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Decision No. 14,710

Appeal of PATRICK RAUSCH from action of the Board of Education of the New Paltz Central School District regarding his term of office.

Decision No. 14,710

(March 29, 2002)

Shaw & Perelson, LLP, attorneys for respondent, Margo L. May, Esq., of counsel

MILLS, Commissioner.--Petitioner, a member of the Board of Education of the New Paltz Central School District ("board"), seeks a determination that his seat on the board "was not vacated as of August 1, 2001, and that his execution of the oath of office on August 8, 2001, now permits him to fill the entire three-year term to which he was duly elected by the School District annual meeting on May 15, 2001." The board"s answer indicates that it "supports Petitioner"s request, if legally possible, to have his original term of office reinstated, through June 30, 2004." The appeal must be dismissed.

Petitioner was elected to a three-year term on the board in May 1998, and was reelected in May 2001. Petitioner did not attend the board"s reorganization meeting held July 2, and therefore did not complete and file an oath of office.

On July 5, the superintendent"s secretary sent petitioner an e-mail with respect to his oath:

Lis [president of the board] has some concern that you be sworn in as a Board member within 30 days. I will be going on vacation starting next week (July 9) and will be away for three weeks. My return date is July 30.

Would it be possible for you to come to the office tomorrow? If not, perhaps we can do it on July 30.

During the several weeks following, petitioner attended special board meetings on July 11 and 17, and August 1 and 2.

At the board meeting on August 8, the district clerk spoke to petitioner between a public session and an executive session about his failure to execute his oath of office, and petitioner then executed the oath. During the executive session, the board president informed her fellow board members that petitioner had neglected to execute an oath within 30 days of the commencement of his term of office. Both the board president and petitioner discussed the situation with the school district attorney over the next few days. The affidavit of the board president states that she hoped that the board would appoint petitioner to a seat on the board at its August 22 meeting "if that is what he wished and if he sent a letter requesting the appointment." On August 12, petitioner did send a letter to the board president:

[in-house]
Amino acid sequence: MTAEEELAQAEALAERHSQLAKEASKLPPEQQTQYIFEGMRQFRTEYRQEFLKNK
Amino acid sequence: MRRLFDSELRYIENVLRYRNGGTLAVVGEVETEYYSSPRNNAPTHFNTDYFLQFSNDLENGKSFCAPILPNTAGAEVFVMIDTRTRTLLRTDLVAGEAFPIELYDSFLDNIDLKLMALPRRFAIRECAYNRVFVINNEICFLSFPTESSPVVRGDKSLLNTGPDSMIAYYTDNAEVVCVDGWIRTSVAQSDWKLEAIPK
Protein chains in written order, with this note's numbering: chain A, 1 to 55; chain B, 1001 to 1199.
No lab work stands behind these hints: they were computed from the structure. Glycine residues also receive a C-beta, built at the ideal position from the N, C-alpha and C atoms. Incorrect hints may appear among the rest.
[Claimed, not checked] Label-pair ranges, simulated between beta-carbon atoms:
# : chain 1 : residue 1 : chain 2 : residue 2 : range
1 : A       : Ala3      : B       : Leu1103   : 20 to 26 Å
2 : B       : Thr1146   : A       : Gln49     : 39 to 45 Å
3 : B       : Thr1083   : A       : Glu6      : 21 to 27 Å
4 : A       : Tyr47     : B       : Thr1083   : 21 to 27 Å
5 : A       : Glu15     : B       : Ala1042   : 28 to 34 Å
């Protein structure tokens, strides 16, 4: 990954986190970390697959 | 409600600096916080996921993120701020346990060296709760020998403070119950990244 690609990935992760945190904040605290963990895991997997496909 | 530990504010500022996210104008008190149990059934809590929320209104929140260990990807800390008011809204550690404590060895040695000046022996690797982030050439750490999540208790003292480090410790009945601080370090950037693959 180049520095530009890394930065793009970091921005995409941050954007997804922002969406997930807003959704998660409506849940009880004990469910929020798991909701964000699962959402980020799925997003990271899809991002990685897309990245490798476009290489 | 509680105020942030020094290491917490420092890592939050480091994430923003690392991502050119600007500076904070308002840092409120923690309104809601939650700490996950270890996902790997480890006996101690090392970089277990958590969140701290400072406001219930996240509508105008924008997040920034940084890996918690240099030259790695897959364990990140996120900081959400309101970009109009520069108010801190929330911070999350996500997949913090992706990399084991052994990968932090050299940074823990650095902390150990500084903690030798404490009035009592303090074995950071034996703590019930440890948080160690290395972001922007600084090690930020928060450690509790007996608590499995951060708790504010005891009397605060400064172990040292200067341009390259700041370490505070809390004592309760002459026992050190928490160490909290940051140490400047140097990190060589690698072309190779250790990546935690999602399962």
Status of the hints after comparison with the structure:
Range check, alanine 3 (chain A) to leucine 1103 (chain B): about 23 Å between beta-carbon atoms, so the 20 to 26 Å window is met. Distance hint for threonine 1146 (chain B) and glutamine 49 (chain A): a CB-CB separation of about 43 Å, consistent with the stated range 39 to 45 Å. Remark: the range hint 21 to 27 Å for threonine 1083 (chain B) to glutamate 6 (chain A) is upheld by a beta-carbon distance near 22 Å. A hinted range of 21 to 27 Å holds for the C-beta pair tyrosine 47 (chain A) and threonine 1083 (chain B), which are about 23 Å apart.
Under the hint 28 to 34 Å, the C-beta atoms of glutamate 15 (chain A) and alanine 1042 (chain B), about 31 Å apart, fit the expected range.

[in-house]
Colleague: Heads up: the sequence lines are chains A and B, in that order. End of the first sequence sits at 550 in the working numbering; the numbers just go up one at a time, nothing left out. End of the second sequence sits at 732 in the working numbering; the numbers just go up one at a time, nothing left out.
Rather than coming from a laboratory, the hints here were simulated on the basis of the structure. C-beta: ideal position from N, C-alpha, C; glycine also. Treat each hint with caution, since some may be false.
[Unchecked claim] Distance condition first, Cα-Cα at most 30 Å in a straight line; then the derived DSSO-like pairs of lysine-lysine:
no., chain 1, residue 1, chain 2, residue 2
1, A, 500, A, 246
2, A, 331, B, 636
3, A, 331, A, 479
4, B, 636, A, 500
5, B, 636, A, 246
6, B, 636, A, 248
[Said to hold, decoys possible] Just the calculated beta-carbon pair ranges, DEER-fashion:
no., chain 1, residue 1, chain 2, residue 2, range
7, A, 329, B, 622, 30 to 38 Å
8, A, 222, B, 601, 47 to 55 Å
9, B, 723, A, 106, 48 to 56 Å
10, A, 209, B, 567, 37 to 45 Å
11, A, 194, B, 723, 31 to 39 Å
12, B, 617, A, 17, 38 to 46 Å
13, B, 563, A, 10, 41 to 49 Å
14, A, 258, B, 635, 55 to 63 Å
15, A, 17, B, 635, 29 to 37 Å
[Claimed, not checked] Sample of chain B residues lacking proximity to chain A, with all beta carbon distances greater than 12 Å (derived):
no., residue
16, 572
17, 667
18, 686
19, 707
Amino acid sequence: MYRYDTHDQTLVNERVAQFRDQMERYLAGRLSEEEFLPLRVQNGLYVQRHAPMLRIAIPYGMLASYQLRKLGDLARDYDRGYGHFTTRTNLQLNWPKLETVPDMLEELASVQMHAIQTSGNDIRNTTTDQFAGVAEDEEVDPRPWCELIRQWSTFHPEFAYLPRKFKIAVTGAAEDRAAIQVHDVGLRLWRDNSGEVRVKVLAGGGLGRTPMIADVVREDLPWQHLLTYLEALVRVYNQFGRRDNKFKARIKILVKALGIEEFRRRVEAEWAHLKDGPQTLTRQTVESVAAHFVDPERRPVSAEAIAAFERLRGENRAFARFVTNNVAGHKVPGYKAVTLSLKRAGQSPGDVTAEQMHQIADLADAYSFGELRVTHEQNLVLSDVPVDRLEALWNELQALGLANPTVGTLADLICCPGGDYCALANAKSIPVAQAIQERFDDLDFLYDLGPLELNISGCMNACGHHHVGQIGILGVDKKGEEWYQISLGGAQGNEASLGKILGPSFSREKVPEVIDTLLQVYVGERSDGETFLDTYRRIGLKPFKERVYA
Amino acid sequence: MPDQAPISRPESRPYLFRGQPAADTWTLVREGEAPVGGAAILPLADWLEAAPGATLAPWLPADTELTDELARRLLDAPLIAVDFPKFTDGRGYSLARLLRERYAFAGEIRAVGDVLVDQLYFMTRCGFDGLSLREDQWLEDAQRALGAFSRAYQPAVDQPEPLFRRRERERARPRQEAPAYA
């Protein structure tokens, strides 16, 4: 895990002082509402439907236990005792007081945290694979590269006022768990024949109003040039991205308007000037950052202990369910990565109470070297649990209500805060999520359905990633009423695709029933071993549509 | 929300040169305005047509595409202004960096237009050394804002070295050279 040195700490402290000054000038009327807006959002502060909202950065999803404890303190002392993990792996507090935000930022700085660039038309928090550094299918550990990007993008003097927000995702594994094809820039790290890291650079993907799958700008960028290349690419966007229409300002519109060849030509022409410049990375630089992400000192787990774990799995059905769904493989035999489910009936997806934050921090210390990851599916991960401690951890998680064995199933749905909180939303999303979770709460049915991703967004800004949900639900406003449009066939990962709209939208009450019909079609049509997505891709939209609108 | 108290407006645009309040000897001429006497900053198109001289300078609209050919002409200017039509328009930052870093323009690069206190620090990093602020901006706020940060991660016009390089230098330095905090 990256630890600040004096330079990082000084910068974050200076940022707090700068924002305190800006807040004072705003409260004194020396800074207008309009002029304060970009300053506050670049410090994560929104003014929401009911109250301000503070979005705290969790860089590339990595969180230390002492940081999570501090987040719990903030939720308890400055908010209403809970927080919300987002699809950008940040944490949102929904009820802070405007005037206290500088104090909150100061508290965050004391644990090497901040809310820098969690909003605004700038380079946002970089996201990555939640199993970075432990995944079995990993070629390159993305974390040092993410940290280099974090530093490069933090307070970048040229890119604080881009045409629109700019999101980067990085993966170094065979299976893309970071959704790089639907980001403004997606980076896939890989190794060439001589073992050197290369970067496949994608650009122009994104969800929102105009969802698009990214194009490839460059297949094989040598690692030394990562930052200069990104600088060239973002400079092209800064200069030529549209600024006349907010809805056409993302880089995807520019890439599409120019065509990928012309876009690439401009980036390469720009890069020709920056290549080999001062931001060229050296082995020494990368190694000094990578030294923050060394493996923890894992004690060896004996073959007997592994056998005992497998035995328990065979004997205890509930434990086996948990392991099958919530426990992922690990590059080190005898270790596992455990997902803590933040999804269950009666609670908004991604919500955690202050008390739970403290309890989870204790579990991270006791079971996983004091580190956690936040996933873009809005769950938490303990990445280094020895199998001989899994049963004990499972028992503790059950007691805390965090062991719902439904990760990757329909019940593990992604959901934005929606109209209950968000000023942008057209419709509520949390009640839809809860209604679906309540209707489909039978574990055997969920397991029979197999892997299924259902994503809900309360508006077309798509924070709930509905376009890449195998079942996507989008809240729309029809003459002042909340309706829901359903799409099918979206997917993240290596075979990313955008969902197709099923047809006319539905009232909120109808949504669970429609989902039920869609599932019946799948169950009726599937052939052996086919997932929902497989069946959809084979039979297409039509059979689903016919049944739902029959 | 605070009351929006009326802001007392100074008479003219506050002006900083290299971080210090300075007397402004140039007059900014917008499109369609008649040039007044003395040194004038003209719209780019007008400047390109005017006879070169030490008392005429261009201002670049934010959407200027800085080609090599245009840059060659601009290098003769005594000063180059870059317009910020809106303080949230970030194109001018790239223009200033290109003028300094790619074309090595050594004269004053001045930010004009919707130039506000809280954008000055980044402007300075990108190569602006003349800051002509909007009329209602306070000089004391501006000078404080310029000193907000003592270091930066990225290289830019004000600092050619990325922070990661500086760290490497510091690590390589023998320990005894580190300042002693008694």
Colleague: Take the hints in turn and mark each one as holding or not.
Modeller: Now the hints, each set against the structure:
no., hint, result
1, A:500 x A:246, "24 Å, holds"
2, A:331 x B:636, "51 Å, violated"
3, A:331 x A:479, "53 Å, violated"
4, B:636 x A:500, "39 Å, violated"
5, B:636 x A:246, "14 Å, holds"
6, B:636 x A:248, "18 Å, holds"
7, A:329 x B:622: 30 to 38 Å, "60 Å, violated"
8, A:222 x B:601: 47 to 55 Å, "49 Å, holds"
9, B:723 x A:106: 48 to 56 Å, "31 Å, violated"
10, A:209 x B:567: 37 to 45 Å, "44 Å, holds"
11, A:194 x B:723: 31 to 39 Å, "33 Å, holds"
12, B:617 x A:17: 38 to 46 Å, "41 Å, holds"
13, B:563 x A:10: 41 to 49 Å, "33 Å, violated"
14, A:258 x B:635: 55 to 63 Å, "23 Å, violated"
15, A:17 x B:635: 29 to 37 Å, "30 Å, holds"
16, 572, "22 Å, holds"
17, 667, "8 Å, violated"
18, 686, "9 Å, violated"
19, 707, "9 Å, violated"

As you indicated in our last phone conversation, I am requesting to refill my seat on the board which became vacant on August 2, 2001, due to the Public Officers Law section 30(1)(h).

I would appreciate a quick consideration of this matter by the board.

The board did not appoint petitioner at its August 22 meeting, apparently because of some uncertainty as to the propriety of such an appointment, and because petitioner did not attend the meeting.

On August 29, petitioner commenced this appeal. After the commencement of the appeal, on September 5, 2001, the board appointed petitioner as a member of the board, but to serve only until the next annual election of board members in May 2002. (Although the record does not reflect it, I presume that petitioner properly executed and filed an oath of office on September 5, or within 30 days thereafter.)

There is no question that petitioner was required to take an oath of office as a member of the board of education (New York State Constitution, Article XIII, "1; Public Officers Law "10; Application of Karpen, 39 Ed Dept Rep 98, Decision No. 14,185). The failure to properly take and file an oath of office with the district clerk within 30 days after the commencement of the term of office to which the member is elected causes the office to become vacant (Public Officers Law "30[1][h]). There is no factual dispute that petitioner failed to execute and file an oath by July 31, 2001. As a result, his seat became vacant by operation of law. The fact that petitioner executed and filed an oath on August 8 does not help his cause, since he had not been legally appointed by the board to fill the vacancy which then existed.

When petitioner was appointed on September 5, and presumably executed and filed his oath properly, the board had no authority to appoint him to a term beyond the next election. Article XIII, "3 of the New York State Constitution provides:

The legislature shall provide for filling vacancies in office, and in case of elective officers, no person appointed to fill a vacancy shall hold his office by virtue of such appointment longer than the commencement of the political year next to succeeding the first annual election after the happening of the vacancy; provided, however, that nothing contained in this Article shall prohibit the filling of vacancies on boards of education, including boards of education of community districts in the city school district of the city of New York, by appointment until the next regular school district election, whether or not such appointment shall extend beyond the thirty-first day of December in any year. (Emphasis added.)

This constitutional mandate is the basis for Education Law "1709(17), which provides in pertinent part:

To fill any vacancy which may occur in said board by reason of a death, resignation, removal of office or from a school district, or refusal to serve, of any member or officer of said board; and the person so appointed in the place of any such member of the board shall hold his office until the next regular school district election.

Based upon these constitutional and statutory provisions, I have no authority to grant the relief petitioner seeks.